7. Pouvoir Magique - “Chalawan”

Like a psychoactive ayahuasca brew, the intoxicating "shamanic techno" of Parisian duo Pouvoir Magique's LP Disparition, is an exhilarating trip into unfamiliar territory. Formed in November of 2011, "Magic Power" is the musical project of Clément Vincent and Bertrand Cerruti, who over the years, have cleverly merged several millennia of songs from around the world with 21st-century beats and widescreen electro textures. Lest ye be worried, this is anything but Deep Forest.

In the spring of 2013, Pouvoir Magique co-founded the "Mawimbi" collective, a project designed to unite African musical heritage with contemporary soundscapes, and released two EPs. Within days of launching their label Musiques de Sphères, the duo's studio was burglarized and a hard drive with six years of painstakingly curated material had vanished. After tracking down demos they shared with friends before their final stages of completion, Clément and Bertrand reconstructed an album of 12 tracks.

Unfinished though they might be, each song is a marvelous thing to behold. Their stunning 2016 single "Eclipse," with its cinematic video, might have been one of the most immediate songs on the record, but it's the pulsing "Chalawan," with its guttural howls, fluttering flute-like passages, and driving, hypnotic beats that truly mesmerizes.

6. Purple Disco Machine - “Body Funk” & “Devil In Me” (TIE)

Whenever a bevy of guest artists appears on a debut record, it's often best to approach the project with caution. 85% of the time, the collaborative partners either overshadow the proceedings or detract from the vision of the musician whose name is emblazoned across the top of the LP. There are, however, pleasant exceptions to the rule and Tino Piontek's Soulmatic is one of the year's most delightfully cohesive offerings. The Dresden-born Deep Funk innovator, aka Purple Disco Machine, has risen to international status since 2009, releasing one spectacular track and remix after another. It should go without saying that this long-awaited collection, featuring everyone from Kool Keith to Faithless and Boris D'lugosch, is ripe with memorable highlights.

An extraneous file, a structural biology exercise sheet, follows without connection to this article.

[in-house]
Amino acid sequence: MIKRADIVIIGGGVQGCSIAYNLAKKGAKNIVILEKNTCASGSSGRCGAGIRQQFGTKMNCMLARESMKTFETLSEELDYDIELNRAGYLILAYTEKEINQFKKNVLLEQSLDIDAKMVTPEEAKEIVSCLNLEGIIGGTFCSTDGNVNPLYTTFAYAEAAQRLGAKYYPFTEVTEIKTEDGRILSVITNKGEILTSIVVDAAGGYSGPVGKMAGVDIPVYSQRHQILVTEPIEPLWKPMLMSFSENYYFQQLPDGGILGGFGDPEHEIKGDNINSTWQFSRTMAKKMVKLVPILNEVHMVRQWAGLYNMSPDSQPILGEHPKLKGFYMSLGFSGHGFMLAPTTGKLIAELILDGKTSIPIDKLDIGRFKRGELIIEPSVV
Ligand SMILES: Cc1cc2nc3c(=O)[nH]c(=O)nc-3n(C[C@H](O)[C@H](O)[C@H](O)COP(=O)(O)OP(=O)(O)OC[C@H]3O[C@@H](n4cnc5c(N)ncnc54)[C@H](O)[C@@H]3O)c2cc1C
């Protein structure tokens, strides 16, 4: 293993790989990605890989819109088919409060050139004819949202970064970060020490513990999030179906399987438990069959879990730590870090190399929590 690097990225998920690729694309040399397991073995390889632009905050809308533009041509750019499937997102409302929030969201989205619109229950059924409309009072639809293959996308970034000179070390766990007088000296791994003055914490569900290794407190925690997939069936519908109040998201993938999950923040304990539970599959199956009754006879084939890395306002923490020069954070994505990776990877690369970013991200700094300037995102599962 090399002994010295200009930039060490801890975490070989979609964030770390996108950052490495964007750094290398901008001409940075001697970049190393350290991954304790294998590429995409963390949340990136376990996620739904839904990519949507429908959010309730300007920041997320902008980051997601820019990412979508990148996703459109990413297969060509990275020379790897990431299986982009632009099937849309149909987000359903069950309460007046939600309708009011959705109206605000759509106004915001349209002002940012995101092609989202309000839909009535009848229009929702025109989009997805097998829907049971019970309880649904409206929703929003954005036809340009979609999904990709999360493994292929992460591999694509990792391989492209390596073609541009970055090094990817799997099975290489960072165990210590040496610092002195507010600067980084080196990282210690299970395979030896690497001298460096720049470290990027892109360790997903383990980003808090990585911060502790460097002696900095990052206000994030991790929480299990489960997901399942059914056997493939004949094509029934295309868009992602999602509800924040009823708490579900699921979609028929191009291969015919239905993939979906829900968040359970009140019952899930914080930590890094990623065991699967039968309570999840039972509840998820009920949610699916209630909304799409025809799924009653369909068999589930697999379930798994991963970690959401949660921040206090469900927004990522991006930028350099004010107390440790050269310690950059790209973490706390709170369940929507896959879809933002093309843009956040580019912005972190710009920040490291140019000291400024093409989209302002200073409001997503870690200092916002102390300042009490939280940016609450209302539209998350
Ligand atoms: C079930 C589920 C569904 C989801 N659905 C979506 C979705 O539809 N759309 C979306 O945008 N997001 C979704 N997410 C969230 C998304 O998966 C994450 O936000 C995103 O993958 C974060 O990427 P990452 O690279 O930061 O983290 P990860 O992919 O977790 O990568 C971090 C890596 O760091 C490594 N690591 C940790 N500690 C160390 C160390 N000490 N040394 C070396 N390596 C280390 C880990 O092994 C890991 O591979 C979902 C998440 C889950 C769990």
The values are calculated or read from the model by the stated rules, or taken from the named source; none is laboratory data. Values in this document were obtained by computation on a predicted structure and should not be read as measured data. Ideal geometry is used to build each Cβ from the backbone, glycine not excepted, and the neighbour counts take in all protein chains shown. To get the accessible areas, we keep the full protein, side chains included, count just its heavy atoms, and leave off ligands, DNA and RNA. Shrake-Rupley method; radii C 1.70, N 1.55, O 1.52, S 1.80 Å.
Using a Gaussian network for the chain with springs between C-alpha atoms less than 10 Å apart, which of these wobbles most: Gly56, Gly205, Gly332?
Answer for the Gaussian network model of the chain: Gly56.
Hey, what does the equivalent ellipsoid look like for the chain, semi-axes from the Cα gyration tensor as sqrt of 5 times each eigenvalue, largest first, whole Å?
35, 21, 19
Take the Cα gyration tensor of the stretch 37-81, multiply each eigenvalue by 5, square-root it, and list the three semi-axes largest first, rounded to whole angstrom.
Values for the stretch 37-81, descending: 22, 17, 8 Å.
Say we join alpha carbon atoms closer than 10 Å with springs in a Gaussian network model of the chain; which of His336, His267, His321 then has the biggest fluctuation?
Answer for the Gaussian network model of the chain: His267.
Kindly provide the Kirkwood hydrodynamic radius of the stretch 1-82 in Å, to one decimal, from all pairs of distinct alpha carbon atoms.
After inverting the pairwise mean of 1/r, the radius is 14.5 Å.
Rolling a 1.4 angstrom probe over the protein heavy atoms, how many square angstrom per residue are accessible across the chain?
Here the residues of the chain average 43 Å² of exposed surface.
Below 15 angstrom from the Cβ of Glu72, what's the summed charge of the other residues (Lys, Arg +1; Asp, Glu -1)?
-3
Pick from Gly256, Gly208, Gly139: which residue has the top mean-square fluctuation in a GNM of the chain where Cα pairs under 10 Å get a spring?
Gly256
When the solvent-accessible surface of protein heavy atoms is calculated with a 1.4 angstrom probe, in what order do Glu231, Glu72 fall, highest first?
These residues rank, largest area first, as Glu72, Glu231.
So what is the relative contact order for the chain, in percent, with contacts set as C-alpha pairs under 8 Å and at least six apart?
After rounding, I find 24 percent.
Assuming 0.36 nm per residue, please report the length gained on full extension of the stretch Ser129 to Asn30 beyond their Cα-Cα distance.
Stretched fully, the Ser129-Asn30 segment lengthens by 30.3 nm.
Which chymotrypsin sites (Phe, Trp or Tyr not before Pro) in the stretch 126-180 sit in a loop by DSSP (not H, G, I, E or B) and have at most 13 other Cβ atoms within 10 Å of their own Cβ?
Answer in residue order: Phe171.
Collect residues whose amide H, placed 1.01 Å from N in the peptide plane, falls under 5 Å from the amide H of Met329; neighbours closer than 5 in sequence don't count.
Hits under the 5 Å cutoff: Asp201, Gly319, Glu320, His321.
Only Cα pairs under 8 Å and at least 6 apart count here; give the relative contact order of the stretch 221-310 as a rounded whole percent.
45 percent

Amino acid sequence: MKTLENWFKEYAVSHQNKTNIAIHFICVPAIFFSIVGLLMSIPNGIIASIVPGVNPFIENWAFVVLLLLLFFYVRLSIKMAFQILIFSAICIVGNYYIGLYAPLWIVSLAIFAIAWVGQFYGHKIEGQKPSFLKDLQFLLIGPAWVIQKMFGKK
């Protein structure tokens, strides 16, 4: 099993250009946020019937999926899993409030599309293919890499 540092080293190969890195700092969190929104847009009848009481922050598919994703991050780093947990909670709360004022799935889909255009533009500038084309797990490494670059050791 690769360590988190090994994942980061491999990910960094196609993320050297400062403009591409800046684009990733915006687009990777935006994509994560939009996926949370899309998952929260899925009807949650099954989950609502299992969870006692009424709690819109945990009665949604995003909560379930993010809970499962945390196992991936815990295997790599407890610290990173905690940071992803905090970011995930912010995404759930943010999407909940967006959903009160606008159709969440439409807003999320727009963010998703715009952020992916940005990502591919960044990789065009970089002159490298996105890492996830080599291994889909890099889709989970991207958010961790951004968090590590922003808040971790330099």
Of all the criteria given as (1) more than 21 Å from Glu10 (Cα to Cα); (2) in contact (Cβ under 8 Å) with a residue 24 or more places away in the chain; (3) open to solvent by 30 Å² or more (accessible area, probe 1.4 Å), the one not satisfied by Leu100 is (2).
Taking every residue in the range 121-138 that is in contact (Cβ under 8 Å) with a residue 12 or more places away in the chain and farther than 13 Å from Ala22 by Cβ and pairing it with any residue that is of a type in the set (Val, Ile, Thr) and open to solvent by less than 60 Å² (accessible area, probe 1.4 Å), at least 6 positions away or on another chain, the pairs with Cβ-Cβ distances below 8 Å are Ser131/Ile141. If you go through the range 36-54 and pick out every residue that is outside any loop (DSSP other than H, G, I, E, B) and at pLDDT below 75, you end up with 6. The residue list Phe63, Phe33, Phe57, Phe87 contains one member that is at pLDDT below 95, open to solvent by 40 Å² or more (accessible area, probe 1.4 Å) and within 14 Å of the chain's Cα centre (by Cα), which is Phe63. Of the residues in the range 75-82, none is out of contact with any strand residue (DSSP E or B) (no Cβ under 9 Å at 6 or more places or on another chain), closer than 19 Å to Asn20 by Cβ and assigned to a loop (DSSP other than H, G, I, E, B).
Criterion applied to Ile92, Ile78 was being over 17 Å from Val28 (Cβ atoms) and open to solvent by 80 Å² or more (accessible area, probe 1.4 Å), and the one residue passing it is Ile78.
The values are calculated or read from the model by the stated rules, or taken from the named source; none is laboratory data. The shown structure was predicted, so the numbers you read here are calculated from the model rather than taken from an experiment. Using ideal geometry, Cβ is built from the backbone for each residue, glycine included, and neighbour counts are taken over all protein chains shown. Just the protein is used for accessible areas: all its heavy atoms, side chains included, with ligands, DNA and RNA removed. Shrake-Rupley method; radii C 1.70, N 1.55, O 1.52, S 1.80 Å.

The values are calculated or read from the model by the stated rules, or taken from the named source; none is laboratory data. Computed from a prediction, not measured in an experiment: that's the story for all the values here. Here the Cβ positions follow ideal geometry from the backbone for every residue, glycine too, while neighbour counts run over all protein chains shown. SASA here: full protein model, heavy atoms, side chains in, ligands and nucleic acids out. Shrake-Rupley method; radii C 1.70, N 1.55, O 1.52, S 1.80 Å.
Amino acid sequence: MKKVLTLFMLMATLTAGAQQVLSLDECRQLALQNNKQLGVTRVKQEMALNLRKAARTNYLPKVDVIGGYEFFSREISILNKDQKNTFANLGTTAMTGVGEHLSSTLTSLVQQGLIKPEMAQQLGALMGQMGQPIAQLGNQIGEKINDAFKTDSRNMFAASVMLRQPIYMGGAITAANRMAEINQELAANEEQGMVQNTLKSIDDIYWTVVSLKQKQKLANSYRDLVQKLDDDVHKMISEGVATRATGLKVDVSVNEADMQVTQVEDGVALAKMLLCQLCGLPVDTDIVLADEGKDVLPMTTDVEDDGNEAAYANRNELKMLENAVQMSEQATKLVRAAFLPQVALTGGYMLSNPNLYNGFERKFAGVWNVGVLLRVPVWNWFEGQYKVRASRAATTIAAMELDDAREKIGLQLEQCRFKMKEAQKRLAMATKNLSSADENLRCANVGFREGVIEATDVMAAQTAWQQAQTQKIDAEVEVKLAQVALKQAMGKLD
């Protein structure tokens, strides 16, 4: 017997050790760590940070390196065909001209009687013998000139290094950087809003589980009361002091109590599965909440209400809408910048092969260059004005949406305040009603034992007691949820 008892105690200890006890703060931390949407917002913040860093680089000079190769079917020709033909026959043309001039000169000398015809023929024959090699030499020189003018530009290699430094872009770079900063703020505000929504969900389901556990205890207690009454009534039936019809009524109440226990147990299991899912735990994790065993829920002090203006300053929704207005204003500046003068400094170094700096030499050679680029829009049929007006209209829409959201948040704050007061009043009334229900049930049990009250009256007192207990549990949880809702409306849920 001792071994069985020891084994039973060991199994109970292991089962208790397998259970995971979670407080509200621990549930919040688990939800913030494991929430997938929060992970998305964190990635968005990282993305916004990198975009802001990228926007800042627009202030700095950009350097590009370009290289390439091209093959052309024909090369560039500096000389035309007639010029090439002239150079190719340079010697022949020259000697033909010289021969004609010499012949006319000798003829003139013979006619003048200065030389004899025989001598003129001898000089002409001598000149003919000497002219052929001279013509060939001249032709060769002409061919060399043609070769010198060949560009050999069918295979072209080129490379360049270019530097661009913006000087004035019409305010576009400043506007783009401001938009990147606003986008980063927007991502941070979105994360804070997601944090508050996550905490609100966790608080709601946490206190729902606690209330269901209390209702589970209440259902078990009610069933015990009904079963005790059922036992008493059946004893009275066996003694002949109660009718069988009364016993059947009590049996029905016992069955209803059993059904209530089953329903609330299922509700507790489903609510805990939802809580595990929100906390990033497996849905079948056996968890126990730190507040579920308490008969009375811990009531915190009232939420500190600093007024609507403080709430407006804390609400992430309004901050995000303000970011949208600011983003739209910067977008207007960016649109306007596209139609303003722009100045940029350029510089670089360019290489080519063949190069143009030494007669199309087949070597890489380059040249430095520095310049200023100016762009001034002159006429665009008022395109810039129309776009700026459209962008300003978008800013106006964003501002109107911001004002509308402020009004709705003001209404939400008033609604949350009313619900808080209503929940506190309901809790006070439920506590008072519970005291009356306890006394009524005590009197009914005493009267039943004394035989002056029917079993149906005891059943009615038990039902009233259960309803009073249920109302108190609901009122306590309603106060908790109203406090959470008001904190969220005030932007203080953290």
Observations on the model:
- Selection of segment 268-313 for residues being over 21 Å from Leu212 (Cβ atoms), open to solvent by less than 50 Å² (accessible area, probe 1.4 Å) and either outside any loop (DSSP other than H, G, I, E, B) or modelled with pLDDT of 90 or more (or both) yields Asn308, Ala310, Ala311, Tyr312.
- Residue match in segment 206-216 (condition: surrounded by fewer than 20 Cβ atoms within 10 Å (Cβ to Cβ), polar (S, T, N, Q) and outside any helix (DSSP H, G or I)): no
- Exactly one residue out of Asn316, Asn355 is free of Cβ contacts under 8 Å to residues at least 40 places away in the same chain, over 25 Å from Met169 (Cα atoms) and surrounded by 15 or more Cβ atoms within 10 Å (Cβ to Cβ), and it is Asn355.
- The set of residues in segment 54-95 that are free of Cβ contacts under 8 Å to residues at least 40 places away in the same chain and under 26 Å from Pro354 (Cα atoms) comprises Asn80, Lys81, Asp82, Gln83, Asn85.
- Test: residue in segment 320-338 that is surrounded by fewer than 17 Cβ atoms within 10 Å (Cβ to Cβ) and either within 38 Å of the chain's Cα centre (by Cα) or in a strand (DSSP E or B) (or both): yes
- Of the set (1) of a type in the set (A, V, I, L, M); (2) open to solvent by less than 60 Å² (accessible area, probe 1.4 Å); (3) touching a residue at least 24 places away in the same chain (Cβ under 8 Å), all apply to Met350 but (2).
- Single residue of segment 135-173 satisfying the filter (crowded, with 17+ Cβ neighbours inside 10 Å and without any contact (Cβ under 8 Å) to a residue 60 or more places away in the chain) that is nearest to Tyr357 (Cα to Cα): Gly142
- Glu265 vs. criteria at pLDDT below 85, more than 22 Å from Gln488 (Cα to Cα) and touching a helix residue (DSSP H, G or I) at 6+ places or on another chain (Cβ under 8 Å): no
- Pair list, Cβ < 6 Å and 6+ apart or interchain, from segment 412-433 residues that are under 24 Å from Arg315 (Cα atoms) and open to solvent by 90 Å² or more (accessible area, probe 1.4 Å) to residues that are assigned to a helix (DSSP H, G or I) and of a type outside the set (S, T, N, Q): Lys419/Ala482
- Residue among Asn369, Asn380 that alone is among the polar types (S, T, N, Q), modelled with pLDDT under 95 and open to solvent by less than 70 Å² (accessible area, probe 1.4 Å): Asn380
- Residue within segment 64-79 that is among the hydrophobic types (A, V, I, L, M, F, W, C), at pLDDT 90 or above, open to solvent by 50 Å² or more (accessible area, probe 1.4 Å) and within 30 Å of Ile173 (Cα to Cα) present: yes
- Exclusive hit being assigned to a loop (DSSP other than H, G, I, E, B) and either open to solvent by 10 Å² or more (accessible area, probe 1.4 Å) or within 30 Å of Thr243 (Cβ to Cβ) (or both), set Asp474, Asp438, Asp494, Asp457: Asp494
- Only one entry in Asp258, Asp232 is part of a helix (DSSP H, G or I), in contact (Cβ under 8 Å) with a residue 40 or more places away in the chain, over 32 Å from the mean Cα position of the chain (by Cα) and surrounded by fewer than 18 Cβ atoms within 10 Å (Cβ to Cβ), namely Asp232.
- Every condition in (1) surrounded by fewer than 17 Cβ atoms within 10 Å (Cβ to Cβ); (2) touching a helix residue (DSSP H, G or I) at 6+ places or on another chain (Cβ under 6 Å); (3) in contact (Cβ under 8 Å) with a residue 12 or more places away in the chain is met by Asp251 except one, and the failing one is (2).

The saucy, soaring "Mistress" shines a spotlight on the stellar pipes of "UK soul hurricane" Hannah Williams. While it might be a crowning moment within the set, its the strutting discofied "Body Funk", and the album's first single, "Devil In Me", that linger long after the record has stopped spinning. The former track with its camptastic fusion of '80s Sylvester gone 1940s military march, and the latter anthem, a soulful stunner that samples the 1968 Stax hit "Private Number", and features the vocal talents of Duane Harden and Joe Killington, feels like an unearthed classic. Without a doubt, the German DJ's debut is one of the best dance records of the year.